On the other hand, we have the social awareness aspect. The Libyan society isn’t the biggest supporter of women as leaders due to various reasons concerning its traditions, harmful gender norms, and stereotypes. For instance, The Libyan community doesn’t trust women as free and equal individuals. Therefore, Social awareness plays an essential role in women’s political participation because even if we provide the legal framework, the people are the ones who would vote and make the decision. Therefore, for inclusive and meaningful participation, we need objective voters who do not use the lens of gender but rather the lens of competence.
To sum up everything that has been stated so far. The participation of women in the previous 10 years was due to the rigorous work of civil society actors and gender equality advocates. However, this work isn’t documented in a legal framework that helps sustain and ensure women’s inclusivity in the upcoming political processes. Therefore, stakeholders shall develop more inclusive mechanisms and laws that can ensure the meaningful participation of citizens regardless of their gender and/or other identities. Moreover, community members should also investigate the qualifications and competencies of individuals rather than their backgrounds, gender, and any other irrelevant factors.
- Civil society organizations and activists shall advocate for documenting their powerful work through advocating for clear legal frameworks such as stipulating the 30% quota for women in all political participation aspects during the transitional phase to ensure justice for all.
- Civil society organizations and activists shall continue raising the awareness of women regarding their legal rights and the importance of their political participation both as elected and voters.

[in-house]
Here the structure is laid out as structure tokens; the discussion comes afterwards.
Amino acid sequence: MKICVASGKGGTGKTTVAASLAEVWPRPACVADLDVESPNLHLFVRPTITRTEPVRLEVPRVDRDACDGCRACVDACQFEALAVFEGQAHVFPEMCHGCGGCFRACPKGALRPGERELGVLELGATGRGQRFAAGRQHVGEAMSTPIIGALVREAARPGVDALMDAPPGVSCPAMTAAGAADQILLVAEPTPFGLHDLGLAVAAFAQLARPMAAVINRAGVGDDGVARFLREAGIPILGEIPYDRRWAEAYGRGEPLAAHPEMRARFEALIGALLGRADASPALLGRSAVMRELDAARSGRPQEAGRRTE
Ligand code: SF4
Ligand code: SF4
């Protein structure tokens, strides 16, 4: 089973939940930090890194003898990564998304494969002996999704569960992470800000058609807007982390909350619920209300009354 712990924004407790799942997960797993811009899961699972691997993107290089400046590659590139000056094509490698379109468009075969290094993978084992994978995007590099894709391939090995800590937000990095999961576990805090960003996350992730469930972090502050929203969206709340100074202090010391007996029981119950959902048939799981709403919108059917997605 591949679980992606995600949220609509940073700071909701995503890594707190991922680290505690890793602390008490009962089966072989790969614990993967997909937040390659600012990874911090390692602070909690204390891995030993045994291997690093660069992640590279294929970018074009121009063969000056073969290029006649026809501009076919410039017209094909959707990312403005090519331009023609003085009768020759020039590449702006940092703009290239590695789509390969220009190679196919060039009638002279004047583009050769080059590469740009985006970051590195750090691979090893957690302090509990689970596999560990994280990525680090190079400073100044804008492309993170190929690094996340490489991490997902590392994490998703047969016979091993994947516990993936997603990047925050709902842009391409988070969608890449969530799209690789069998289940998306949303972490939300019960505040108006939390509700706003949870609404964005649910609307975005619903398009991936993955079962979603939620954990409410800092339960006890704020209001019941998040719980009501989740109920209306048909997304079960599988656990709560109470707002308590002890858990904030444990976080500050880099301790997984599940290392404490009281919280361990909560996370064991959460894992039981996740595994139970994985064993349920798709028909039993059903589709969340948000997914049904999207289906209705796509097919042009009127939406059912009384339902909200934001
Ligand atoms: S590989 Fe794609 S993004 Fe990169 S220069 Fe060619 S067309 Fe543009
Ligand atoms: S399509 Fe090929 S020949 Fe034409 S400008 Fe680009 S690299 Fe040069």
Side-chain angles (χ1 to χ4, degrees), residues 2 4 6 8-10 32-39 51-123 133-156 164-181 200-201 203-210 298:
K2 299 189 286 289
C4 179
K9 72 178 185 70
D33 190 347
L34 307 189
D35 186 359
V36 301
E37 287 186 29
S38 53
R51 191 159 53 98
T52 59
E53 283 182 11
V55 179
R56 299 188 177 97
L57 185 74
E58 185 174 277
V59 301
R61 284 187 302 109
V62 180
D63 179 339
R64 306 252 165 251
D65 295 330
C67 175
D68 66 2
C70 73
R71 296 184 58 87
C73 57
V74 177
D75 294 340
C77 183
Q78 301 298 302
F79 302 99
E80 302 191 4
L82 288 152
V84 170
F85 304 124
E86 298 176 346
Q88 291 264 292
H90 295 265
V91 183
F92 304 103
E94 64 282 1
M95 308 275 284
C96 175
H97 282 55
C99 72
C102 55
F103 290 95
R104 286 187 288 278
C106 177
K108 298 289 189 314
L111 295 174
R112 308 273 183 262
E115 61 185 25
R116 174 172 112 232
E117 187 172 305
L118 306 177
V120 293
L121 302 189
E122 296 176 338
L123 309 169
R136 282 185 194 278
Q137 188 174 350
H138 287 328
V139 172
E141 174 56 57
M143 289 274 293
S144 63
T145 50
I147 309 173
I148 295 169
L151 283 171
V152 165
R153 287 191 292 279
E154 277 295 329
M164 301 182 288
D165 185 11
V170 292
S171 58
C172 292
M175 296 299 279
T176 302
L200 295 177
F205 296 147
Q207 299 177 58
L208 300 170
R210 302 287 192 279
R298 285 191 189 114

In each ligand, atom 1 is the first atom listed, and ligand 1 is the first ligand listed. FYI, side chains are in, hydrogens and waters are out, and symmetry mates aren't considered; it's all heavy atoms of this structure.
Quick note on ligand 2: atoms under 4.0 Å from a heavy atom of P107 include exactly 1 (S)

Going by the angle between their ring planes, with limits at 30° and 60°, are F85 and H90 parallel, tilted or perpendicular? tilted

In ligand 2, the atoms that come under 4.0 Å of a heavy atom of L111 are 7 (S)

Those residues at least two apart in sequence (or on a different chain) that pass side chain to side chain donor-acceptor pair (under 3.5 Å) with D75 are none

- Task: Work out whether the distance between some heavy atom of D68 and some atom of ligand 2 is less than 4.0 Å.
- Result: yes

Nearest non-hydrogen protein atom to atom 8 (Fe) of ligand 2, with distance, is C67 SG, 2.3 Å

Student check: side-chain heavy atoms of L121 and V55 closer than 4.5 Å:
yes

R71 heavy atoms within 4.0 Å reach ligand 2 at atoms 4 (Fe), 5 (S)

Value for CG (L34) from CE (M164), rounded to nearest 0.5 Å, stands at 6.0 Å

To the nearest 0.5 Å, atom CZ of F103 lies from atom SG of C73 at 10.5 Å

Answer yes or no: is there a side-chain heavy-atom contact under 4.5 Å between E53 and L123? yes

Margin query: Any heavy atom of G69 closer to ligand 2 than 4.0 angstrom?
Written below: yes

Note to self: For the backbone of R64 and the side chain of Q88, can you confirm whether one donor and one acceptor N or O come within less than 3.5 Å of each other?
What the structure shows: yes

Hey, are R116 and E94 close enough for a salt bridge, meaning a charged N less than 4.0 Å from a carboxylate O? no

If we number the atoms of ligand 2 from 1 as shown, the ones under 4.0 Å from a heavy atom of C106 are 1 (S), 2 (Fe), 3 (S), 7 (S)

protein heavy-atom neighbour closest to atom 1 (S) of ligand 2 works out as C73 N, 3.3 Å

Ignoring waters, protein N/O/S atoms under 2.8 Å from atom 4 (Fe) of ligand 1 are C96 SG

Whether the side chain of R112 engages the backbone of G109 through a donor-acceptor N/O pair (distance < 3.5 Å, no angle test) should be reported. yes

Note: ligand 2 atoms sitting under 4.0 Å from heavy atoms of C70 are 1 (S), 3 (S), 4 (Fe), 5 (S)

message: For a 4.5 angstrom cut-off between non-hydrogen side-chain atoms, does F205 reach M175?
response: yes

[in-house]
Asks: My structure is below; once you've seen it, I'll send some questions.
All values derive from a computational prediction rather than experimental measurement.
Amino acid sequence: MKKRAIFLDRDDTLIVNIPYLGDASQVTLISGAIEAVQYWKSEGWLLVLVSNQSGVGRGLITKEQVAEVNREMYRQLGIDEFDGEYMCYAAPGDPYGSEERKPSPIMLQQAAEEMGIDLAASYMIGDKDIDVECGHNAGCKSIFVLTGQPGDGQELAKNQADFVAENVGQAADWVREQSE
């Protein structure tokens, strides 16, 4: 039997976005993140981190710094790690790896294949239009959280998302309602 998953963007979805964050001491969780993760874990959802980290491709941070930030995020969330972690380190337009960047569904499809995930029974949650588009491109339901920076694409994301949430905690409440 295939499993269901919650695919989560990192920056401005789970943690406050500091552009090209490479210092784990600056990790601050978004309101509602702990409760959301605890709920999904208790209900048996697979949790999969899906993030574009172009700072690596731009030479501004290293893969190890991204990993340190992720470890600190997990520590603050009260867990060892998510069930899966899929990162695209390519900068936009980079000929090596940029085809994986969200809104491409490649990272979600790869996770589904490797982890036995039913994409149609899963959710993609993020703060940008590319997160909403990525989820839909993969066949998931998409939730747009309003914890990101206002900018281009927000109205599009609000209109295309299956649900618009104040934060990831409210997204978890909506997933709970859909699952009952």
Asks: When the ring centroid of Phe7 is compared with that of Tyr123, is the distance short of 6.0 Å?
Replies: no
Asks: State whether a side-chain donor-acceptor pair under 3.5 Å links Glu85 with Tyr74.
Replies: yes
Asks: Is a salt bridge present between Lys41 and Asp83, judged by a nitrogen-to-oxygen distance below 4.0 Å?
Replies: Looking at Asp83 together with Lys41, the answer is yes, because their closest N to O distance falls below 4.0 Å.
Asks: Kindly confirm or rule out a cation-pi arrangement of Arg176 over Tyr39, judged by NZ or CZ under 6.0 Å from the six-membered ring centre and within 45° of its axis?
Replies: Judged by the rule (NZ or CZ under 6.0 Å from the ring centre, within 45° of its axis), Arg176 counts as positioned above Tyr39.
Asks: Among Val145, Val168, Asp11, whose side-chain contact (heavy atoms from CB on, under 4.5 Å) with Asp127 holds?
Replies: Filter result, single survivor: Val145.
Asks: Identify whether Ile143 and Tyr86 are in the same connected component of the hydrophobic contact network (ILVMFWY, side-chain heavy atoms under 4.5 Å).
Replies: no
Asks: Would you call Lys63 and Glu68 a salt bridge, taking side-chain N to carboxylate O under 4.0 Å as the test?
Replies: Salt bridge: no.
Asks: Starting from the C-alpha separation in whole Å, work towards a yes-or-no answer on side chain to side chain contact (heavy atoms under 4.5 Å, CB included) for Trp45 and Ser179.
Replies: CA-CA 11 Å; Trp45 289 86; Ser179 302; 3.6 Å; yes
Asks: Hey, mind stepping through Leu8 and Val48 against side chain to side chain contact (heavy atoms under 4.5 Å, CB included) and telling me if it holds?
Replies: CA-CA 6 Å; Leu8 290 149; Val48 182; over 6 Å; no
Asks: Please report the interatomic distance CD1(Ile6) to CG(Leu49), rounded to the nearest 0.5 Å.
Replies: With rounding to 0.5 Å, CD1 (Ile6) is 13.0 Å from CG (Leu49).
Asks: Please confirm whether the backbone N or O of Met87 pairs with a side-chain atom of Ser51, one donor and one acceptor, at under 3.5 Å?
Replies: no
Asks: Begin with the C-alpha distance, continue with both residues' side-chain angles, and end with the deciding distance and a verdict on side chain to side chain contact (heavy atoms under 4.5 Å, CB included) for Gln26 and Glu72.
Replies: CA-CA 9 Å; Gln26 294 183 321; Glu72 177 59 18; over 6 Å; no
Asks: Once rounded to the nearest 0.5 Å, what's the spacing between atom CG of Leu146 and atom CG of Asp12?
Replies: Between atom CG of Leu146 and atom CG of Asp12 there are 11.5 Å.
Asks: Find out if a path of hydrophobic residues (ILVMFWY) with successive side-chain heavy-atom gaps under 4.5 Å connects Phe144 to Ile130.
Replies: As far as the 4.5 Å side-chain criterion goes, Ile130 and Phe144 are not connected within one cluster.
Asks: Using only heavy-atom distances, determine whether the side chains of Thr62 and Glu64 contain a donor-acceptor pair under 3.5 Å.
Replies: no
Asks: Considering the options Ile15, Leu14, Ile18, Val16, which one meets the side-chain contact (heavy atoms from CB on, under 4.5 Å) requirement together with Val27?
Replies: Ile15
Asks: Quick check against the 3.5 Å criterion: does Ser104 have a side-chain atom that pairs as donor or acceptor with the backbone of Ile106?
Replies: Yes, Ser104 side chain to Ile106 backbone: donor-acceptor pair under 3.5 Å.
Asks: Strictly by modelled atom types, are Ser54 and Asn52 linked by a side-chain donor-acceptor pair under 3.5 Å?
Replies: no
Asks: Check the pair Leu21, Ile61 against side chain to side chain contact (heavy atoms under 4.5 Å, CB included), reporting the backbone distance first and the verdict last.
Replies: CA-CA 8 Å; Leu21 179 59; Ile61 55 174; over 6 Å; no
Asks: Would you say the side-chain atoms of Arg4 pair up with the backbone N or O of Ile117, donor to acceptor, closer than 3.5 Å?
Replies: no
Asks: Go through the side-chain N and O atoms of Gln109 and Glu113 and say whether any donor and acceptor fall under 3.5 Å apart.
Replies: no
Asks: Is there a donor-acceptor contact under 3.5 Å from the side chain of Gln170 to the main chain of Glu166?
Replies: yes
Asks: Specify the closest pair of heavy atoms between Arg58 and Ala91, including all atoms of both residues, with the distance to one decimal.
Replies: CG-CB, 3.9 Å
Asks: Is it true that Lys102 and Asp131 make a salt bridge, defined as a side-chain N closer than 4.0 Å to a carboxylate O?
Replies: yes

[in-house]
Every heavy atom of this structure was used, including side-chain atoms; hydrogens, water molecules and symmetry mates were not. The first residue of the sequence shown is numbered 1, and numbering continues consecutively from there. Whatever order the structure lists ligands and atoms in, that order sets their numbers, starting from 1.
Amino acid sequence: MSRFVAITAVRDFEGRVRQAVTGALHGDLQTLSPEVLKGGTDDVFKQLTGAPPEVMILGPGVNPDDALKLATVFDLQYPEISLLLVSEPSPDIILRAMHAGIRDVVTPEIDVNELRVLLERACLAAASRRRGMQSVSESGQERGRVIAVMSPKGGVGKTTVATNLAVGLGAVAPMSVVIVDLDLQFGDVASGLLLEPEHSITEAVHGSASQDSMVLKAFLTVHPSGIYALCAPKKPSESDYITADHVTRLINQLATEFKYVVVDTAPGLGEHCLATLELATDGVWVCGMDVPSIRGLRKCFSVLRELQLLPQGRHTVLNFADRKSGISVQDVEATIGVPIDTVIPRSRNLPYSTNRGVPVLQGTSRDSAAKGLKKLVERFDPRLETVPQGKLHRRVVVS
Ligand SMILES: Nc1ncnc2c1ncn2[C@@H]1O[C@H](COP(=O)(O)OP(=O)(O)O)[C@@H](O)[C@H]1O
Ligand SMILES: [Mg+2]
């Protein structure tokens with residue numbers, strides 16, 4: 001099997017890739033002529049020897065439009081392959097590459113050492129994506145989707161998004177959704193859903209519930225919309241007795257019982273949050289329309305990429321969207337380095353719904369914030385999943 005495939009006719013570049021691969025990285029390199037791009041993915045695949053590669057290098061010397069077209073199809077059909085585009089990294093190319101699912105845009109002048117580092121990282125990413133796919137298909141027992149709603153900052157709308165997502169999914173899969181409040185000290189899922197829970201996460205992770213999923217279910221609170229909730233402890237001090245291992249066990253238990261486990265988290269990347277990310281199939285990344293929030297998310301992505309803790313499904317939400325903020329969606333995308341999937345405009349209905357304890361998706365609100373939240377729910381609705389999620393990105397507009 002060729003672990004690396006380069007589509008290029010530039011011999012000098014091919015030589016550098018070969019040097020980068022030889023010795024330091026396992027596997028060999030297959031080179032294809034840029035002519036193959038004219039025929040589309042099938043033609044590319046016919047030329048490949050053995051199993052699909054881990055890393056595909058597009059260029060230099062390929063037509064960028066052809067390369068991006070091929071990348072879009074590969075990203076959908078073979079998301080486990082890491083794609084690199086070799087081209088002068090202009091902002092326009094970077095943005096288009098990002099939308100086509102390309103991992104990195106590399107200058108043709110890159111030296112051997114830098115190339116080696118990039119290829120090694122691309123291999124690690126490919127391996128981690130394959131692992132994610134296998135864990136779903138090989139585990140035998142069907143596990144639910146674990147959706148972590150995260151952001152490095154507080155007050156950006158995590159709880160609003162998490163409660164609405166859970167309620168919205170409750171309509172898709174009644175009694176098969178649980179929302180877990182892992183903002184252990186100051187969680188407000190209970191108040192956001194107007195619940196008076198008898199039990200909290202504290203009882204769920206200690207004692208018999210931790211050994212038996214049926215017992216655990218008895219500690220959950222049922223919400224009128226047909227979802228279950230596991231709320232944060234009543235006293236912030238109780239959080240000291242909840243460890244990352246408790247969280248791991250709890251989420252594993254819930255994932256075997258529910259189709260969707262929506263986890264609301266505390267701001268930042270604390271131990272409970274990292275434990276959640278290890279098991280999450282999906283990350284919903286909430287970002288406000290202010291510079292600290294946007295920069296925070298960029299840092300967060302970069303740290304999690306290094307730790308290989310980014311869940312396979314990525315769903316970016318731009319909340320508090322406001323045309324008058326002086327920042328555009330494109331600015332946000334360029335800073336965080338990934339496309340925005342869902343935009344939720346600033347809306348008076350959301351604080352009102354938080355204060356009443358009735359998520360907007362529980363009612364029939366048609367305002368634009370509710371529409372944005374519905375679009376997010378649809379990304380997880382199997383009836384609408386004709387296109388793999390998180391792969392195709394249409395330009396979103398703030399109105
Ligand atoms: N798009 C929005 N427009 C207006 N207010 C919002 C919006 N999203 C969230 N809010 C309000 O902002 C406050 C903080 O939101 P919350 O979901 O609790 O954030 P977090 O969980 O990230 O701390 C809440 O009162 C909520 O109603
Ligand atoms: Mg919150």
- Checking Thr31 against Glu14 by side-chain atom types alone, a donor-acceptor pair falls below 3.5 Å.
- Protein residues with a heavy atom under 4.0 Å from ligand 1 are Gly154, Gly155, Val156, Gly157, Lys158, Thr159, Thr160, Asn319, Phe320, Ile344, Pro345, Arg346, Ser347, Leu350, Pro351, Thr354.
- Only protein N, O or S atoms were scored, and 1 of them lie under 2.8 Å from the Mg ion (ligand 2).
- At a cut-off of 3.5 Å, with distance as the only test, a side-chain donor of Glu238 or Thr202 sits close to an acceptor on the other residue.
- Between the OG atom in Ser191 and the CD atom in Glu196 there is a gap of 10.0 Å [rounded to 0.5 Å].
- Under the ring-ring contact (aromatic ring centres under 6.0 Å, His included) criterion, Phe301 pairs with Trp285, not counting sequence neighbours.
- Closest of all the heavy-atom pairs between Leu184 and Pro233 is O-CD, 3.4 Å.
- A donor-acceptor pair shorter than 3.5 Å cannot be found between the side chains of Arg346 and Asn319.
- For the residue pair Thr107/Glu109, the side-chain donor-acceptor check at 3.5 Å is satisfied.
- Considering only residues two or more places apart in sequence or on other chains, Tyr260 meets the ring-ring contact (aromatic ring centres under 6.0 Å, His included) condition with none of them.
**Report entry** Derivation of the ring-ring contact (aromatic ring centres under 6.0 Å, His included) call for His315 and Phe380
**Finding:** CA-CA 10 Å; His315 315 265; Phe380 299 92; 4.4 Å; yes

- The national government shall work on a national action plan for the UNSCR 1325 about women, peace, and security that can clearly illustrate the importance of including women in the peace processes
- The national government shall meet the trust of Libyan citizens by guaranteeing gender-inclusive participation as promised in the pledge.
- The parliament shall amend the laws that do not have clear and inclusive language for all citizens regardless of their gender and background.
- Articles such as article No. 99 in the constitution shall be amended to be more inclusive to ensure equal access to decision-making roles for men and women from diverse backgrounds.
- The International community shall continue supporting and lobbying for including women, also following up and monitoring the process of including women in the projects they lead.
- The international community, civil society, and the government shall put sustainable and inclusive policies for women’s participation that its impact can be more sustainable.
[i] Libyan writer and human rights activist